Guadalupe feast highlights Mary’s role in culture By Nicholas Wolfram Smith, San Francisco Catholic

South San Franicsco, CA  December 19, 2018 By Nicholas Wolfram Smith, San Francisco Catholic

St. Veronica parishioners pray the rosary during a candlelight pilgrimage in honor of Our Lady of Guadalupe. Pope Francis said Mary’s life encourages Catholics “to live the audacity of faith and hope.” (Photo by Nicholas Wolfram Smith/Catholic San Francisco)

Punctuated by shouts of “Viva Guadalupe,” St. Veronica Parish in South San Francisco celebrated the feast day of Our Lady of Guadalupe Dec. 12.

The evening began with a candlelight rosary procession around the parish property, led by two parishioners carrying a larger than life picture of Our Lady of Guadalupe. In between decades of the rosary, the parish sang cheerful hymns, led by Bay Area mariachi band Mariachi Mexicanisimo.

The Mass and reception also featured performances by Teokalli, a local Aztec dance group. Dancers wore the image of Our Lady of Guadalupe as they danced down the aisle to honor Mary.

Mass was celebrated by Father Charles Puthota, the pastor of St. Veronica, and Father Mario Olea and Father Darwin Estrada. Father Olea thanked the parish for coming, and noted the diversity of the crowd attending Mass to honor Our Lady.
Father Puthota told Catholic San Francisco Our Lady of Guadalupe is popular because of her appearance in Mexico and because she is the patroness of the Americas.

“There’s a special love for our Blessed Mother of course, which drives people to Mary, and Mary leads people to Christ. Especially in this advent season, the feast is so beautifully placed,” Father Puthota said.

But the feast day is also a special cultural celebration for Mexico and Latin America. The evangelization efforts of Spanish missionaries had struggled in the wake of the conquest of Mexico. When Our Lady of Guadalupe appeared to St. Juan Diego outside the old capital of the Aztec empire, as Aztec royalty, and spoke to him in Nahuatl, his native language, she opened room for the spread of Catholicism across Mexico. The popular hymn “La Guadalupana,” sung by parishioners at St. Veronica, says “from then on for all Mexicans being Guadalupan is essential.” In later revolts against the colonial government of Spain, Mexican rebels carried the image of the Virgin of Guadalupe on their flags.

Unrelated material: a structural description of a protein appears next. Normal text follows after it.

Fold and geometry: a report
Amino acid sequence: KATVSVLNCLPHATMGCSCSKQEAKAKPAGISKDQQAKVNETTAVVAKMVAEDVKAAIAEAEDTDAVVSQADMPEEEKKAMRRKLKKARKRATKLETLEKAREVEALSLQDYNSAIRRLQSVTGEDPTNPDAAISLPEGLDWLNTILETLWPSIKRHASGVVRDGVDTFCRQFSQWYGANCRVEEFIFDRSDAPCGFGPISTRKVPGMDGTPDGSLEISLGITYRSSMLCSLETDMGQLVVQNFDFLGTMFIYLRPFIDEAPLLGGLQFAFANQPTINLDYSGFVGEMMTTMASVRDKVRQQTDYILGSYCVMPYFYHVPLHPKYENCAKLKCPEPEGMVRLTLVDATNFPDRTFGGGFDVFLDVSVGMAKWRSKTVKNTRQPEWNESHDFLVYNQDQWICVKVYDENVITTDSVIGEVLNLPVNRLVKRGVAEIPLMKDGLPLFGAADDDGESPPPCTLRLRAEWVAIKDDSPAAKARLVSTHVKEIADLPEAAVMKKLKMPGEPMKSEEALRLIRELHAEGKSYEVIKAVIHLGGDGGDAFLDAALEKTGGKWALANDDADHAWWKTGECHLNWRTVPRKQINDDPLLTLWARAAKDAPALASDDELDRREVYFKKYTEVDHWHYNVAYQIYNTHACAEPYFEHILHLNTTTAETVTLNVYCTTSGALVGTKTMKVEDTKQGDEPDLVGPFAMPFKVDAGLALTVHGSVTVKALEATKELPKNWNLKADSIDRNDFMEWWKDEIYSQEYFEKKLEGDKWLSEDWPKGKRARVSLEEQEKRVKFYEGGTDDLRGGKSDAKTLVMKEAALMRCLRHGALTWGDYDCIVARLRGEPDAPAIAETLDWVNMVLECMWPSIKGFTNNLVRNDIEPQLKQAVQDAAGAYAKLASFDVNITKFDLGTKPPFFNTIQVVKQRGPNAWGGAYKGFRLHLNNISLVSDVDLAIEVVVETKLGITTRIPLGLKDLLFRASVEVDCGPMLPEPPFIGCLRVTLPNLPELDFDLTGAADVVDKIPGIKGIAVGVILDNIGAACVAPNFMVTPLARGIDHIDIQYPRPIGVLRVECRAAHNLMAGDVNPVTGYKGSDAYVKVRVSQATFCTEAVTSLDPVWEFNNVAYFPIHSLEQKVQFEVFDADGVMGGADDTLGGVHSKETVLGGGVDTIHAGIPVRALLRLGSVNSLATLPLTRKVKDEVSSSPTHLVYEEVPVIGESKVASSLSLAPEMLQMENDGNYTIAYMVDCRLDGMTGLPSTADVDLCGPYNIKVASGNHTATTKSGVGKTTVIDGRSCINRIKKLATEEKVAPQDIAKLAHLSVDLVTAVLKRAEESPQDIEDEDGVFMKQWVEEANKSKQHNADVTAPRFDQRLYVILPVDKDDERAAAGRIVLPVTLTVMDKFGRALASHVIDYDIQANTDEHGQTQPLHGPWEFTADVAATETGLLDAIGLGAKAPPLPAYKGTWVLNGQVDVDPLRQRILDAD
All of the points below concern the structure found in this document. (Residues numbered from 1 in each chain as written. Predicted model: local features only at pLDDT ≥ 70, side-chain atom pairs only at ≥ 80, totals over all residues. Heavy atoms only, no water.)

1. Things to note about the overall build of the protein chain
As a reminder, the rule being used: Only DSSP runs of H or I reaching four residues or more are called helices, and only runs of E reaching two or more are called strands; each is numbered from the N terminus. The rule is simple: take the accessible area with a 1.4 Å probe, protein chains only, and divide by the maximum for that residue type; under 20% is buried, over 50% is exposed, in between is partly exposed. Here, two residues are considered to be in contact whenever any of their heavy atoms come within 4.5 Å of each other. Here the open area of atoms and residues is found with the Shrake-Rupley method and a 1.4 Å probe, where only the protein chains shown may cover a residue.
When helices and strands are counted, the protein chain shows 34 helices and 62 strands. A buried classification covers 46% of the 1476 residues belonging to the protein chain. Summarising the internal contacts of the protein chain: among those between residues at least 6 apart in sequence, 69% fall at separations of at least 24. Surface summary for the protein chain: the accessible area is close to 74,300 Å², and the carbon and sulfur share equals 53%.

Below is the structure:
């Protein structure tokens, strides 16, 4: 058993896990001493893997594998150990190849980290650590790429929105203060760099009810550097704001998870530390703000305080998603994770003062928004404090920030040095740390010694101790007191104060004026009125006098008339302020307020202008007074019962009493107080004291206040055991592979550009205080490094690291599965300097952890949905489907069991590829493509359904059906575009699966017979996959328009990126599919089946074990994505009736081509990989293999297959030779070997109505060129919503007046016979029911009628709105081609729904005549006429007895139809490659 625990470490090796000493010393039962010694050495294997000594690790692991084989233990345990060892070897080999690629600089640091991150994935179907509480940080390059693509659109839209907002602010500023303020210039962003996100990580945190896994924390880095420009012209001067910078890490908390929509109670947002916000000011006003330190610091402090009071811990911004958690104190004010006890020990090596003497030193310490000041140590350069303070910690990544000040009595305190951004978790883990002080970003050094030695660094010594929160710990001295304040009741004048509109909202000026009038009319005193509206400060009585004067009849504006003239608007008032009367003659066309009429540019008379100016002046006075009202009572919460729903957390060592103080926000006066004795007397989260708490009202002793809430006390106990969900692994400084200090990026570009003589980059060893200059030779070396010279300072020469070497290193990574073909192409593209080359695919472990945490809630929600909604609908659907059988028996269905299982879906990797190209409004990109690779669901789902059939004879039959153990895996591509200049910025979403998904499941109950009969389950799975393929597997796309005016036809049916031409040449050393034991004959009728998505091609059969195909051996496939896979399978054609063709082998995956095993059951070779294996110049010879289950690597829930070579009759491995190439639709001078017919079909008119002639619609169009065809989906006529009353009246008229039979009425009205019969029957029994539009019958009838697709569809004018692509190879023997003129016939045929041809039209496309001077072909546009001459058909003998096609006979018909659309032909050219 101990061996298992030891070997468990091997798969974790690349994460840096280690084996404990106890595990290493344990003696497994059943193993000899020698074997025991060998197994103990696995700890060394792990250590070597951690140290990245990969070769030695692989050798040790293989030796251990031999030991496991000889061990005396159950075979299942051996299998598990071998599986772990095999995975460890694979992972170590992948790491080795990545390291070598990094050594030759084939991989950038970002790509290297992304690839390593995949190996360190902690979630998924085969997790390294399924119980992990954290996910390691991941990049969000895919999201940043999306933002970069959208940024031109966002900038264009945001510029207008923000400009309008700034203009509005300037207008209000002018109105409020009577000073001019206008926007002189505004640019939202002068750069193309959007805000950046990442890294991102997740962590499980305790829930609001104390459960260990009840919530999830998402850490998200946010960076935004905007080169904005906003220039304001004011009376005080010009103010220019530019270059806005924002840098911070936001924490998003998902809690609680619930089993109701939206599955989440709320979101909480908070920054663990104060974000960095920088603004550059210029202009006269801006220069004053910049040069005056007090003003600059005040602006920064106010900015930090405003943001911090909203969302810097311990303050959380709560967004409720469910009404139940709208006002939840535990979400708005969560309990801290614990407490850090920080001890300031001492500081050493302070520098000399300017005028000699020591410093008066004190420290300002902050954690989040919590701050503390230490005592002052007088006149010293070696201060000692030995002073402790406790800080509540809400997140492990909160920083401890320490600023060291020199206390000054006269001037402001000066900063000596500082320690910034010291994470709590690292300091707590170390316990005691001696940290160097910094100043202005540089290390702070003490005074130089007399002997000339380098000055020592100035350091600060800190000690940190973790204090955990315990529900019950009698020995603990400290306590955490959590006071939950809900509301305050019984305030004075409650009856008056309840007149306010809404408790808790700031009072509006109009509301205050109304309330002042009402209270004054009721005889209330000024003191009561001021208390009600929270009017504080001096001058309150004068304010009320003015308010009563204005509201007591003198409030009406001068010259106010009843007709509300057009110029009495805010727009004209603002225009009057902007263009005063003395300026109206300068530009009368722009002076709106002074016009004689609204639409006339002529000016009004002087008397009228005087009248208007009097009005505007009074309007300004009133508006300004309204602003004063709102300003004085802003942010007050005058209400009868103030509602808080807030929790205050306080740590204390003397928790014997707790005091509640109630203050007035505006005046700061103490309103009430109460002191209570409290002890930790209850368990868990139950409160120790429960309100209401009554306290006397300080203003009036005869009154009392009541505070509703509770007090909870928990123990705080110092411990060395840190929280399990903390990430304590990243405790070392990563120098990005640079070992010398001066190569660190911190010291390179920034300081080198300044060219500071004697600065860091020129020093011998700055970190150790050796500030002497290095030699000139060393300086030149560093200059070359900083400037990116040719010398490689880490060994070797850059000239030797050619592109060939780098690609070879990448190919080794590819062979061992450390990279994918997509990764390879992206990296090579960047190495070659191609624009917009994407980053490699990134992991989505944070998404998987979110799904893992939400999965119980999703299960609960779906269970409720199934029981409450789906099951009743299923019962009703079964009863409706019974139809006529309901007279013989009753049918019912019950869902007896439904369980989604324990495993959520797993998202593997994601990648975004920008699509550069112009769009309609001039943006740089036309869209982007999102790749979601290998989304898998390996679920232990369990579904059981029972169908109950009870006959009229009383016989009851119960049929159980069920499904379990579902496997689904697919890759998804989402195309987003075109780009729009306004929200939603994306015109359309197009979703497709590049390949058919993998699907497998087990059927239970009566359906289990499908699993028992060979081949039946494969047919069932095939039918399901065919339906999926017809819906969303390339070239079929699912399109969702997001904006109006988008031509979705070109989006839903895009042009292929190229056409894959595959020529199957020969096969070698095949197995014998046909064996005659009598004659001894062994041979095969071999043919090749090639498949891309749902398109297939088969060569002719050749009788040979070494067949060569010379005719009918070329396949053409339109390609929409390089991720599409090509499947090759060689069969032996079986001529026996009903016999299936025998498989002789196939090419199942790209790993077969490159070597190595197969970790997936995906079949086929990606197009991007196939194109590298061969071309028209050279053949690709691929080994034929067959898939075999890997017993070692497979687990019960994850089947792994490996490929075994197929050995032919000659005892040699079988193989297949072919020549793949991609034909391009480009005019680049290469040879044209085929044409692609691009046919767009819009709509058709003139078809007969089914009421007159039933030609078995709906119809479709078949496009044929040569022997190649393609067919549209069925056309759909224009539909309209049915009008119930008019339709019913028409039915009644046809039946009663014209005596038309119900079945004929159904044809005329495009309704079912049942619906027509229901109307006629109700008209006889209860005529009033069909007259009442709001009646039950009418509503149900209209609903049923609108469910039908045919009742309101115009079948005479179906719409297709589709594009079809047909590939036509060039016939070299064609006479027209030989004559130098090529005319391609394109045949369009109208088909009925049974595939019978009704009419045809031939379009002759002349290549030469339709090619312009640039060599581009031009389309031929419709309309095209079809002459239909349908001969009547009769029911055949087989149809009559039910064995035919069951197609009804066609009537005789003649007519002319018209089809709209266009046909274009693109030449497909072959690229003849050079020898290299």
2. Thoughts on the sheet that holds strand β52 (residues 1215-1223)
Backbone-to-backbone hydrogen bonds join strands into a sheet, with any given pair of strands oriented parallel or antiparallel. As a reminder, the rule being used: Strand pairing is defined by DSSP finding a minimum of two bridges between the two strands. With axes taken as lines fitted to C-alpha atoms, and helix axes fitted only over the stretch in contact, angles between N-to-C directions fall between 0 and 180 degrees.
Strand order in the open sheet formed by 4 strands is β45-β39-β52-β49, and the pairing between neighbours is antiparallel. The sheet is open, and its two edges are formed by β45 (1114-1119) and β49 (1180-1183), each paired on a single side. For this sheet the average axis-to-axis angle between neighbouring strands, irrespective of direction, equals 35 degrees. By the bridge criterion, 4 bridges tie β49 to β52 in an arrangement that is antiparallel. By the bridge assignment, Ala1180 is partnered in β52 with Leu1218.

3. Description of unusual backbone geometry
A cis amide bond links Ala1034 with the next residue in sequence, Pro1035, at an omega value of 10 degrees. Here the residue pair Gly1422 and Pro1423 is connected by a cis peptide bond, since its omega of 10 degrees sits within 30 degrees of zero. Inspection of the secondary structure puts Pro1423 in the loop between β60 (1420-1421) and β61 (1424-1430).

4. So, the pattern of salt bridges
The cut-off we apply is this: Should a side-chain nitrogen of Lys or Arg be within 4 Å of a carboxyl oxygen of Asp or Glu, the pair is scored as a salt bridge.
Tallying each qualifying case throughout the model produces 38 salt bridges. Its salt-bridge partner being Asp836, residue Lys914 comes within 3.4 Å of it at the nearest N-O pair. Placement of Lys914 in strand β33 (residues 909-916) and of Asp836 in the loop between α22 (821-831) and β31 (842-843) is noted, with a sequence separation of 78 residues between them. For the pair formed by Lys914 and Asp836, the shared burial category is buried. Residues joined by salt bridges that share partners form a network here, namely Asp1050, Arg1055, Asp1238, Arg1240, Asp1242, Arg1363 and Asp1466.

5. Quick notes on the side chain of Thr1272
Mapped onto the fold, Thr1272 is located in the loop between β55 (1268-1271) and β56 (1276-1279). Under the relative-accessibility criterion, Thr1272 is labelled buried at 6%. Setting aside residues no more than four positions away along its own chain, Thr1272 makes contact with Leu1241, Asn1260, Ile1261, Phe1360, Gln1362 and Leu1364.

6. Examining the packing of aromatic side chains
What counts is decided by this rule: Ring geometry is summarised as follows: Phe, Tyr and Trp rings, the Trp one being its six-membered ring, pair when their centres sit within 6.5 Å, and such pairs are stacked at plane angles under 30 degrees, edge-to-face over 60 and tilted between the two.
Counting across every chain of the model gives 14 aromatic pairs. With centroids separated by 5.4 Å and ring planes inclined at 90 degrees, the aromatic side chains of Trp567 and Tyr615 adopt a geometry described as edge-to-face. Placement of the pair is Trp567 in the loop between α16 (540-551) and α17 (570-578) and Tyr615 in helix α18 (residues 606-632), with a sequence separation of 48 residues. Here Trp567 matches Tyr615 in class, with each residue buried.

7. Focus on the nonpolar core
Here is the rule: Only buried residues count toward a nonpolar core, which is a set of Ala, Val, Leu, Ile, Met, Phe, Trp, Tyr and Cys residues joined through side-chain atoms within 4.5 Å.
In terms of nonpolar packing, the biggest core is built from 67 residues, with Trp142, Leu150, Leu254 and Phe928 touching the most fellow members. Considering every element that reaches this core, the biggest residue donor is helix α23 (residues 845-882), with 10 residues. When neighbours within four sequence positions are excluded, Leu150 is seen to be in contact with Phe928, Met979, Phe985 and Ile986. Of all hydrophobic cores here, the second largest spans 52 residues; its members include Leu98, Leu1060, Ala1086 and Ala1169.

Father Puthota said Mary’s appearance at Guadalupe is an example of “inculturation,” or entering into a culture to proclaim the Gospel.
“You have to be within the culture to be able to evangelize,” he said. “Jesus became part of our human culture to draw us closer to God.”

In his homily for the Feast of Our Lady of Guadalupe, Pope Francis said the Blessed Mother’s life “is marked by the ability to make others protagonists. It gives courage, teaches us to speak and above all encourages us to live the audacity of faith and hope,” he said.

“With the heart of a mother, she seeks to raise and dignify all those who, for different reasons and circumstances, were immersed in abandonment and oblivion,” Pope Francis said.

Because of the continental devotion to Our Lady of Guadalupe, he continued, she is remembered as “Mother of a fertile and generous land in which we all can find ourselves playing a leading role in the construction of the Holy Temple of the family of God.”

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